There is absolutely zero information about this film online except for a single place to order the VCD from. Nothing. Nada. Zilch. So if TarsTarkas.NET did not bite the bullet and review this stupid thing, there would be no record that it ever existed. And who would want that? We must record even the boring examples of ridiculous films, because, the world becomes a less magical place if they aren’t here. It is just like when rare animals disappear. It doesn’t affect you personally if the white rhinos go bye-bye, but it is a bad thing to know that something once was there and now it is not. And even if no one knew about this movie before, now you do and you are better for it, despite the film’s little entertainment value.
The score is stolen from various sources including Halloween. There is a secondary track the director must have loved because it plays like 30 times, but I don’t recognize where it is from despite it sounding familiar.
We don’t got names so we got guesses. Okay, I figured out the names of a few of them as they got their named mentioned in subtitles. The rest are complete guesses, and for no one do I know who played them. I was told that the following actors are in the film: Mechai Panchar, Picharak, and Chokiwa Luck. I have no clue who any of them are, and Google finds nothing (though Picharak is a planet in the Rebel Squadrons Wiki.)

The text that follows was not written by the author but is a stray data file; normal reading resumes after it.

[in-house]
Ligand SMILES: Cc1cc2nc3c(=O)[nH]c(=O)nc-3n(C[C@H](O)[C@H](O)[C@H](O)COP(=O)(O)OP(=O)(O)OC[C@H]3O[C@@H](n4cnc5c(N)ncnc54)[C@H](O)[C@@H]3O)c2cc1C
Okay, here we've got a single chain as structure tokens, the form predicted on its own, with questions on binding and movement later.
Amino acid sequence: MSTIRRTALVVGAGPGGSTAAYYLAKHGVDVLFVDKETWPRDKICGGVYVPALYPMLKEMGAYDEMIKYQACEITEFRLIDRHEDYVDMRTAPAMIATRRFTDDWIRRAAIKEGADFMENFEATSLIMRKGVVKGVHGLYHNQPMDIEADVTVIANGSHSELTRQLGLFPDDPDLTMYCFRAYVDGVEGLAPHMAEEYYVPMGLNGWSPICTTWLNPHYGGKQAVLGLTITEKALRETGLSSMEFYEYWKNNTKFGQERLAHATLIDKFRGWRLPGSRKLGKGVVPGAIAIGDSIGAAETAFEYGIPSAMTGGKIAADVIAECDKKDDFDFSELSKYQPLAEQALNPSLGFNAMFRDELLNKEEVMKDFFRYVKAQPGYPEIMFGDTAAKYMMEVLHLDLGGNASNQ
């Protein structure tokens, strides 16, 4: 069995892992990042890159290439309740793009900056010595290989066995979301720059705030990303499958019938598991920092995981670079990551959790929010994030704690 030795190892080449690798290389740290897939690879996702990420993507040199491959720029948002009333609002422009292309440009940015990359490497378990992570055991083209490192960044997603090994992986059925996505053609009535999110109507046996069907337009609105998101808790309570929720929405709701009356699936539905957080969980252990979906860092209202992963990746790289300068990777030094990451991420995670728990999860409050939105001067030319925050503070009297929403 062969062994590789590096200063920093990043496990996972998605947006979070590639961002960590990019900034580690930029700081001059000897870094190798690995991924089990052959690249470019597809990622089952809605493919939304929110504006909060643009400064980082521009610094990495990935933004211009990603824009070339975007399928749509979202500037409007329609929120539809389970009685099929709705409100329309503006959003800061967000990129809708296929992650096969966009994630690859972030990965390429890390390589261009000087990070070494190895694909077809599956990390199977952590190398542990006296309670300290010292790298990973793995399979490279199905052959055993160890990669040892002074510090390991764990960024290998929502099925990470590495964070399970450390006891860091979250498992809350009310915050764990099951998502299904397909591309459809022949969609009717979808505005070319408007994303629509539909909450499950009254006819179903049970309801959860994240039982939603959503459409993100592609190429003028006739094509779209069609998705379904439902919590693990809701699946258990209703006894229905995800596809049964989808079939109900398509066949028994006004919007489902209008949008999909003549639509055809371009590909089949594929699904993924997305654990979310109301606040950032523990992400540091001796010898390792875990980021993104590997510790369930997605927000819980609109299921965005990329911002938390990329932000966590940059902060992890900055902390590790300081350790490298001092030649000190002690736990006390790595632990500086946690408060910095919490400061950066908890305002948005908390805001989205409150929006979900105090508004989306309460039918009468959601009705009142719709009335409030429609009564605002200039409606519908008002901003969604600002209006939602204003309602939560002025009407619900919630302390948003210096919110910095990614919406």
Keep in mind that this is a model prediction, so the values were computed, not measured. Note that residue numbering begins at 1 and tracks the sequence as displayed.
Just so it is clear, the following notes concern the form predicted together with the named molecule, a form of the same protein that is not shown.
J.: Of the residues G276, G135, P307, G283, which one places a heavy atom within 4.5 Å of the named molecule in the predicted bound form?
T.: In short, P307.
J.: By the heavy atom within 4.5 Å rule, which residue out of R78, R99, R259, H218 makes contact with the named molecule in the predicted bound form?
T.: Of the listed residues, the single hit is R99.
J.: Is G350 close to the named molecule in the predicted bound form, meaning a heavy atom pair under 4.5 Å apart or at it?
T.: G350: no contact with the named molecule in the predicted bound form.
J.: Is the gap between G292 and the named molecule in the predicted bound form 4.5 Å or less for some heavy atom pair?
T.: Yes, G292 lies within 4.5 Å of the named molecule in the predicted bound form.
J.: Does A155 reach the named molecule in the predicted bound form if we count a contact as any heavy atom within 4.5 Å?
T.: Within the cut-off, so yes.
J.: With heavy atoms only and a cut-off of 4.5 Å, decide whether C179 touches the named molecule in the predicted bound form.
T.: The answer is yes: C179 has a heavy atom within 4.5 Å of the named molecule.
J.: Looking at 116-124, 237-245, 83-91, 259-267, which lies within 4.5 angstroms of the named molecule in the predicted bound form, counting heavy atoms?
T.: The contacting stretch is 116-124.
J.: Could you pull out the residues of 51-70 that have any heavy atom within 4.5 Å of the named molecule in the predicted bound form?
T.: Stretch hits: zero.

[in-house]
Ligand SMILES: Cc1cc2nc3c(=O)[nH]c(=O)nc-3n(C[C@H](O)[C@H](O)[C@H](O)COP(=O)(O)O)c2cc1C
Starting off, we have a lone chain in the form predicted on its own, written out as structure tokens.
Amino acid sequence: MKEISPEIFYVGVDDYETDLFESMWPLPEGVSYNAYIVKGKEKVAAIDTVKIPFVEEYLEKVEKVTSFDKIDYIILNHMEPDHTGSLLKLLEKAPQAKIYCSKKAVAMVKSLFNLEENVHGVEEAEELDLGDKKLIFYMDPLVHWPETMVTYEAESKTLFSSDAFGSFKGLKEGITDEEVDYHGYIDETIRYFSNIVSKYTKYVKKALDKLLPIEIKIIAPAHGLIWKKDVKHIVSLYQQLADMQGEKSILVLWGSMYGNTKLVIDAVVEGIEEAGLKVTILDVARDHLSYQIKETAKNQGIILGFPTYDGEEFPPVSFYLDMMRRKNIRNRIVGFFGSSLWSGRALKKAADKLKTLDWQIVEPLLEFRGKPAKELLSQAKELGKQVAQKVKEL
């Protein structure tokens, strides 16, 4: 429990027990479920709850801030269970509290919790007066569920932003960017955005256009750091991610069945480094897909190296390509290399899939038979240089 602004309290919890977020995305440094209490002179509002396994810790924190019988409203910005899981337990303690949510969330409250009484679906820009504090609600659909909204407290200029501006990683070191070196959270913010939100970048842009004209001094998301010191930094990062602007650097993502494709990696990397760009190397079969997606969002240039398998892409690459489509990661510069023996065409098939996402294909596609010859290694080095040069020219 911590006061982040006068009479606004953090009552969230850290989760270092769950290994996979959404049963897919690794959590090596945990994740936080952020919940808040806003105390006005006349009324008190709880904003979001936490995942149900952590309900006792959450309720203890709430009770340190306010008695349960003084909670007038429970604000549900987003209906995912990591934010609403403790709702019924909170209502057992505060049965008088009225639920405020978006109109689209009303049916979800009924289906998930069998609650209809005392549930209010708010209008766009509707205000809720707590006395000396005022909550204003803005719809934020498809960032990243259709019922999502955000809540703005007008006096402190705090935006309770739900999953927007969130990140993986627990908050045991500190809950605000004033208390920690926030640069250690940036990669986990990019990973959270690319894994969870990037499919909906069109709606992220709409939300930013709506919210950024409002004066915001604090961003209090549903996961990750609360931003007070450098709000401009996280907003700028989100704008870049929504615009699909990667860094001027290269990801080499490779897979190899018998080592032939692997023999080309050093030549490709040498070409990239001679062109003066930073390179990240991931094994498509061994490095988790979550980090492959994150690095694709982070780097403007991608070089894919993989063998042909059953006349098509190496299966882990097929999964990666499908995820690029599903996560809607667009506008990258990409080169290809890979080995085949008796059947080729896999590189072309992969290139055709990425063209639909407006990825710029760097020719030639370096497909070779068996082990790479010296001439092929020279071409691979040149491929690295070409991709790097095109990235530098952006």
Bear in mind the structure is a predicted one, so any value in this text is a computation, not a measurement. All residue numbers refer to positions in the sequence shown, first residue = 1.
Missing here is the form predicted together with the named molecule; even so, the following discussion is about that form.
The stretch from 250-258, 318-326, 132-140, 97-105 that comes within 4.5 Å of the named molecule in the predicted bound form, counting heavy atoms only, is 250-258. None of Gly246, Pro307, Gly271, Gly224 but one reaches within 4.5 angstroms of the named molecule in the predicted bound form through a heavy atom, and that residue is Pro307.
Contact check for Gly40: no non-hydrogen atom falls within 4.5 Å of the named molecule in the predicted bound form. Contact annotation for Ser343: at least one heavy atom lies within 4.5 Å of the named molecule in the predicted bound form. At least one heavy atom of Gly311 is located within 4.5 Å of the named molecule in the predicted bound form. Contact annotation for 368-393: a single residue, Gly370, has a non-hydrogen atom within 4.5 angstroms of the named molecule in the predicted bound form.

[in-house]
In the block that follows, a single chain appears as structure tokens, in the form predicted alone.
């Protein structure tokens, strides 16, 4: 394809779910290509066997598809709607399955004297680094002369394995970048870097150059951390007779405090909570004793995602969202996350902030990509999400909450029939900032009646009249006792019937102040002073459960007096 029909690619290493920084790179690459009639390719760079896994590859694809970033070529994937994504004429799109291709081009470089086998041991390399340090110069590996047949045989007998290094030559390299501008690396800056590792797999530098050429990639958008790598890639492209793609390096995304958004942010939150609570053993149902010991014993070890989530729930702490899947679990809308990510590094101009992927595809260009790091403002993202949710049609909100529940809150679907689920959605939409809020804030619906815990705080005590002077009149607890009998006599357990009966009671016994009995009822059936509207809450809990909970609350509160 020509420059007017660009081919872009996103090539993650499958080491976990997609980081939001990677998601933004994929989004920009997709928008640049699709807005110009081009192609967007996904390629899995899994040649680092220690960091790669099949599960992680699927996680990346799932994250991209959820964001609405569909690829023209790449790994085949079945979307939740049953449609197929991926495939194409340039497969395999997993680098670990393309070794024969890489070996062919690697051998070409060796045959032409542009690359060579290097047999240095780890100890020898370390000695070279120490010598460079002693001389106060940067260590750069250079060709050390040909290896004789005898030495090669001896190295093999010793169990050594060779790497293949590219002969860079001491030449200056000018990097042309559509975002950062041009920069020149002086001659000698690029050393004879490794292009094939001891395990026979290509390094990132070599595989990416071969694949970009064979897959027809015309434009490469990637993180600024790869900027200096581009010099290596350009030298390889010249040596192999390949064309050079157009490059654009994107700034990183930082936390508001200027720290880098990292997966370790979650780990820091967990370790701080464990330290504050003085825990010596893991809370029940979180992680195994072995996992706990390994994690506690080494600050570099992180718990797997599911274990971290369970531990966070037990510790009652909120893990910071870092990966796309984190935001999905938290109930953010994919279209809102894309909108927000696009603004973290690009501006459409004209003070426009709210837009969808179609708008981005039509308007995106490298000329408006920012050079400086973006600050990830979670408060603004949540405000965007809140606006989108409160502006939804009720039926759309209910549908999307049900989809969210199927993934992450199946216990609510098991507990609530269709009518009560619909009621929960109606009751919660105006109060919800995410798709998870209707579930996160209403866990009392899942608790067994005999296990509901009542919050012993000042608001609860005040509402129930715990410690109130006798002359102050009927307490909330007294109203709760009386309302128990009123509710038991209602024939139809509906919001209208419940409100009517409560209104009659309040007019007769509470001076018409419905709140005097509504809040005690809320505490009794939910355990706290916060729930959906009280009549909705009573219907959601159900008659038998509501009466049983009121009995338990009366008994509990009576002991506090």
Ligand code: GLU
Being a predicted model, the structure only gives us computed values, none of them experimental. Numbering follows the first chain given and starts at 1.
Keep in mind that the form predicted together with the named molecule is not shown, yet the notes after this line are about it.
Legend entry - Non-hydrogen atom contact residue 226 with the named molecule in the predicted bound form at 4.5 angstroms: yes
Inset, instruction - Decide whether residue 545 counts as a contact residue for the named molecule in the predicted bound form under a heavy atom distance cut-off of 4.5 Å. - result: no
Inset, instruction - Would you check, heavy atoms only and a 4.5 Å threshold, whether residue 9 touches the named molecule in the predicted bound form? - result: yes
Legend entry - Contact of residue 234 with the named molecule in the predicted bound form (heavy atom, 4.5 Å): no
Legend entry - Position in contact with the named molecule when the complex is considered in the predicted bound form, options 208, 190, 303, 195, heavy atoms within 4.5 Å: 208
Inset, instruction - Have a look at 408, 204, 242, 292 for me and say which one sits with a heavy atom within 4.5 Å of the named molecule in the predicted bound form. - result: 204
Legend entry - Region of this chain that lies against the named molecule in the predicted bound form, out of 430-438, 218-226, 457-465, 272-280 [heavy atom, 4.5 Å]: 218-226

UPDATE – After chatting about this film with Todd from 4DK (what, you don’t talk about weird Thai films with your friends?) we’ve determined that this film was actually made in the 1960s instead of the 1980s, as the guy playing Kroo Prakit is probably Mitr Chaibancha, who died in 1970 because man was not meant to hang from helicopters. Thus, Mechai Panchar = Mitr Chaibancha. Picharak = Petchara Chaowarat, who plays Van Far. Chokiwa Luck is still unknown, but he’s probably the guy who came up with Thailand’s many, many translation schemes that make doing research in English agonizingly frustrating! If I ever get off my lazy butt Mitr Chaibancha will be back when I watch the Red Eagle movies I have of his.
Star Trek: Hidden Frontier – 209 – Worst Fears Part I
2001 Official Site
Directed by Risha Denney
Not a cliffhanger! I don’t think I can wait another year to… Oh, wait, I don’t have to since the entire show is finished. That’s the power of procrastination! Laziness wins again. You can’t fight the lazy, because it won’t bother to show up to the boxing ring.
This is the end of Season 2, and what a magical ride it’s been. We had characters leave, die, and disappear. We’ve had new characters show up. We have the Grey invading multiple times. We got people with big ears. We got improved makeup effects. We got alternate universes and flashbacks. We even have Chimp Guy! Thus, it is the best season yet. But let’s get this episode out of the way!
Guest Star Roll Call